The 13th Photosynkyria is the second to be organised by the Thessaloniki Museum of Photography under the new system of rotating curators. Last year, the photographic gaze was investigated by Costis Antoniadis; this year, John Stathatos takes us on an exploration of the fantastic in photography, while his Vindication of Tlon celebrates that great writer, Jorge Luis Borges, who, though bereft of sight for much of his life, perceived so much through the eyes of imagination.
We live in an age in which the image is all-powerful. Photography, which introduced this age, may now also be its culmination within the broader framework of the digital society. For photography is at once a medium and a product, a product of particular historic and artistic significance, a product with infinite applications on the international market, and a work of art with its own particular codes and aesthetic value.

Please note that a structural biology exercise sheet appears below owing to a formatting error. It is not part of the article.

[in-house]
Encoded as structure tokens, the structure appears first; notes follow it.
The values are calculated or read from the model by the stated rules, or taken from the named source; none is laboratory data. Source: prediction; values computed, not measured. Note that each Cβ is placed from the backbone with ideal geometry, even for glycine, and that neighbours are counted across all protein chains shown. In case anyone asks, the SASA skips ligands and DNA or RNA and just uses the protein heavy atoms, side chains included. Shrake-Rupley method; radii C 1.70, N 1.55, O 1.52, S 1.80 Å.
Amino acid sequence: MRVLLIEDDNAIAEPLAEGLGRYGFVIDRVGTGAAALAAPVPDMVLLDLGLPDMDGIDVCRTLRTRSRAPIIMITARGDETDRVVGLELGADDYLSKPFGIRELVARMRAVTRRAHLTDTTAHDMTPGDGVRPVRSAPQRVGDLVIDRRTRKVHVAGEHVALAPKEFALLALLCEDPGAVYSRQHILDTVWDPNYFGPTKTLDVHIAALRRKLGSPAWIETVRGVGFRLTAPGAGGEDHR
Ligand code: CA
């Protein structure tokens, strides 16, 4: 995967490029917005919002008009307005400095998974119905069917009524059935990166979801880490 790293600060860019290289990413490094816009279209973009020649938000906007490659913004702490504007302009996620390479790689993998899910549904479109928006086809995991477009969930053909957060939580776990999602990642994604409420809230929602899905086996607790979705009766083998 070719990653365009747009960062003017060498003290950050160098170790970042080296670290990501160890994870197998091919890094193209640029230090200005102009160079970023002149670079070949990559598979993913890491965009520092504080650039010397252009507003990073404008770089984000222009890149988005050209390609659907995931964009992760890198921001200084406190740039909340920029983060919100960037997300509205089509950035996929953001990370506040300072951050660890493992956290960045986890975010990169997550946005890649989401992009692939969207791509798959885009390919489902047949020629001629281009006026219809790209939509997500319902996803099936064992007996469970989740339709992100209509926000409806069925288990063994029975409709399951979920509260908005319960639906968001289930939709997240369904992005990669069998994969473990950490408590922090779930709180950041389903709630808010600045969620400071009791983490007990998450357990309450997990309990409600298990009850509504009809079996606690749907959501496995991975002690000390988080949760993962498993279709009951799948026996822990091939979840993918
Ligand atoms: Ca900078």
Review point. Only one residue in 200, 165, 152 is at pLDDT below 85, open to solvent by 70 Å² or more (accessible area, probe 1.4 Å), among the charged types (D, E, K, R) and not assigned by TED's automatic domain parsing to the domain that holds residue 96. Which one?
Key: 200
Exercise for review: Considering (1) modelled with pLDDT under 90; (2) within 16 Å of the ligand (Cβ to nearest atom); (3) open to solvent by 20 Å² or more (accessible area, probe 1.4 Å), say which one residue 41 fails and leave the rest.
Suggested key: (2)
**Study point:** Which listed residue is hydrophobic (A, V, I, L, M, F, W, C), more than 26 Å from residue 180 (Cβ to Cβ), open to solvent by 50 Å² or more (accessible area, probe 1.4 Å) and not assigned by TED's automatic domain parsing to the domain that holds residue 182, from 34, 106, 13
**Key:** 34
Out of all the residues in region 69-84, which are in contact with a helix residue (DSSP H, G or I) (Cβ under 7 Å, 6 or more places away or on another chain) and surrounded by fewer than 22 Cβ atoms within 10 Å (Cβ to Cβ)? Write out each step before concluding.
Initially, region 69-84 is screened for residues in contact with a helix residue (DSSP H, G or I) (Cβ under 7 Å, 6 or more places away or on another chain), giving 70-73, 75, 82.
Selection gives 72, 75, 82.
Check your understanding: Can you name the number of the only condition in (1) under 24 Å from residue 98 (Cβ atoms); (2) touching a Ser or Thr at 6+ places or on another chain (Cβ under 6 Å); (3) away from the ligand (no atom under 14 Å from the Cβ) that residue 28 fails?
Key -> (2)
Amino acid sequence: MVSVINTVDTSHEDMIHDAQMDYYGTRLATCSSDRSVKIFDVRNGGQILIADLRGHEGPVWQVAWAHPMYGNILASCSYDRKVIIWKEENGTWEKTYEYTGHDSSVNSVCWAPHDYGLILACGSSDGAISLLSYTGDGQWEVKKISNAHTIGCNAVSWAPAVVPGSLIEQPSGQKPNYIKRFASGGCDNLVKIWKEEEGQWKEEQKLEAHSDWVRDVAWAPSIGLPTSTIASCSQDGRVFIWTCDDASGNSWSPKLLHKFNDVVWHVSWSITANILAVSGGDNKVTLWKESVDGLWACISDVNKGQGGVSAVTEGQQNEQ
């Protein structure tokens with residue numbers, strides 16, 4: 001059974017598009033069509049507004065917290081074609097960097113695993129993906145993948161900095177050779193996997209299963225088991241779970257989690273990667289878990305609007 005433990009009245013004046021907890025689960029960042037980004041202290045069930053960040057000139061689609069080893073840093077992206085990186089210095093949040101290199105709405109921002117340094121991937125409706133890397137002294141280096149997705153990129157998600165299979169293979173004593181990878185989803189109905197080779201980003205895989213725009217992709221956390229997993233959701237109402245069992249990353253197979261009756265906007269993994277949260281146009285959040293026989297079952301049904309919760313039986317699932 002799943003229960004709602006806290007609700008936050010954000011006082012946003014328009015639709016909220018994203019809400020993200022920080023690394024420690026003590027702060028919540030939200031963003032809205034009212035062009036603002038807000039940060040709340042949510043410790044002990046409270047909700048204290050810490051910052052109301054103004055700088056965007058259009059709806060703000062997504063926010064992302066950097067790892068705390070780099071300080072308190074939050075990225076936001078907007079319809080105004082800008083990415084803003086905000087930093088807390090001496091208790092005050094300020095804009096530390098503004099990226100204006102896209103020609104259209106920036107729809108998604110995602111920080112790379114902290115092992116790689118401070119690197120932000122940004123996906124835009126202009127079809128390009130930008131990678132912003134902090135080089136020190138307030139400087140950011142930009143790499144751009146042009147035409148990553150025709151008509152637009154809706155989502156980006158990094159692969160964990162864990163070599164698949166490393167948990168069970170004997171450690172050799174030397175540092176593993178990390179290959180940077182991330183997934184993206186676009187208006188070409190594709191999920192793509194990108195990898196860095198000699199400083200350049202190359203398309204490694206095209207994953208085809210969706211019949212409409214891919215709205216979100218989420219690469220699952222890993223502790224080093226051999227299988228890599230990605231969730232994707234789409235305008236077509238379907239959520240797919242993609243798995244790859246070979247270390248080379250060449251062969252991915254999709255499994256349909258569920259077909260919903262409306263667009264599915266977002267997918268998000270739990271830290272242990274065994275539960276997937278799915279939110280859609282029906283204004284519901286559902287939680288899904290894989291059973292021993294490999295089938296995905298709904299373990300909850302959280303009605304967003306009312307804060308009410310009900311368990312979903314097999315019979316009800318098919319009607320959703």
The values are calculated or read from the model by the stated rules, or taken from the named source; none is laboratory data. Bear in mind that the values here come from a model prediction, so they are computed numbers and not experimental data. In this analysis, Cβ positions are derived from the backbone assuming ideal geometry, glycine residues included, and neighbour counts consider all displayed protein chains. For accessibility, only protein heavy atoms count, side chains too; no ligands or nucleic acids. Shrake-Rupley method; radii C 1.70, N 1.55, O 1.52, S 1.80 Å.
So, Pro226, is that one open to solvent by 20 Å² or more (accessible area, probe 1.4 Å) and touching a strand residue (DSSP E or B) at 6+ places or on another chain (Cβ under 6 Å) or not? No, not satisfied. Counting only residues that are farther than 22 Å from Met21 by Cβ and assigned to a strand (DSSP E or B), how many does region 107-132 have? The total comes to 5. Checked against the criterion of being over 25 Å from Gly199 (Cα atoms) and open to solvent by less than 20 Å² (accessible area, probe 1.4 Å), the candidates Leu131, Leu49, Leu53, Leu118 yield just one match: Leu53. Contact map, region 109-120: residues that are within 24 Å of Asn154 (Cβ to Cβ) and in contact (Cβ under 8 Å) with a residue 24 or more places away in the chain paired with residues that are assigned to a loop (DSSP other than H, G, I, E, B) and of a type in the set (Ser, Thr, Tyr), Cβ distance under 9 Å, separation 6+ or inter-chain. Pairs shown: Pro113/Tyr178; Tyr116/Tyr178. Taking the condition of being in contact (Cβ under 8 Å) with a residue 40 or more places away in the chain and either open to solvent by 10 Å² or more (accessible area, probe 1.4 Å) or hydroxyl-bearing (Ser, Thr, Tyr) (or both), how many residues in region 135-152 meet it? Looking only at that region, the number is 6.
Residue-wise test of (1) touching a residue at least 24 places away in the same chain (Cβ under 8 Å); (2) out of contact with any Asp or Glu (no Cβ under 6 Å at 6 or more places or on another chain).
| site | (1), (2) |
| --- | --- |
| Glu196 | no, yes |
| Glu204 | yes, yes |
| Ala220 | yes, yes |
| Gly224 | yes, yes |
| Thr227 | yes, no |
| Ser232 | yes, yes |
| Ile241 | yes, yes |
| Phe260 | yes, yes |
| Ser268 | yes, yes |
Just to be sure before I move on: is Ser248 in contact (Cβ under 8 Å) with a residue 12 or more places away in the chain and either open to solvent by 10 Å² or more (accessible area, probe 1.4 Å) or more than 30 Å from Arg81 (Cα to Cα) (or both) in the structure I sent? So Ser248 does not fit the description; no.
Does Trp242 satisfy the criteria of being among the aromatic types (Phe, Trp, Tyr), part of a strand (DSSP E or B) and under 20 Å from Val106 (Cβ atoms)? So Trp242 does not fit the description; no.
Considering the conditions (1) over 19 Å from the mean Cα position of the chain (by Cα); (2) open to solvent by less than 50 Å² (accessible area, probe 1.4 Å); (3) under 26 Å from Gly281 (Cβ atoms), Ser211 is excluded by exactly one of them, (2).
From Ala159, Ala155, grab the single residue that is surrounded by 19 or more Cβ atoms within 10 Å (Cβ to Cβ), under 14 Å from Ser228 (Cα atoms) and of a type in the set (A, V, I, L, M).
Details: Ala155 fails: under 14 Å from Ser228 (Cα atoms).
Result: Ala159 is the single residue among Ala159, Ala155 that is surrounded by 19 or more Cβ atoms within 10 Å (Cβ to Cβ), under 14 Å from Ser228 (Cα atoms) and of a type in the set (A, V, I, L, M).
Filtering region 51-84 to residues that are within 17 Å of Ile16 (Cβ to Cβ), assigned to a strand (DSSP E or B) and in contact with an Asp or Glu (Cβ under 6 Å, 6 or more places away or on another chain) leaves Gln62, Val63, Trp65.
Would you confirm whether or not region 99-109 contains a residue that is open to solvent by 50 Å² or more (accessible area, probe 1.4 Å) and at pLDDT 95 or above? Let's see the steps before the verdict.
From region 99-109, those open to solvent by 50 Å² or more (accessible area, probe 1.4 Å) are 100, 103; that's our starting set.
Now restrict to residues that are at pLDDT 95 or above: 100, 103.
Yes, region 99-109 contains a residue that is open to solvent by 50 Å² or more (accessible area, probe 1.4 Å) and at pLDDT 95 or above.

Photography is, in the final analysis, the ultimate proof that reality can be recorded in a multitude of ways while still remaining essentially uncharted, since even the unfailing honesty of the photographer's lens is open to subjective readings on the part of the artist, not to mention the possibilities of digital processing. Digital processing, however, is far less significant than imaginative and aesthetic treatment.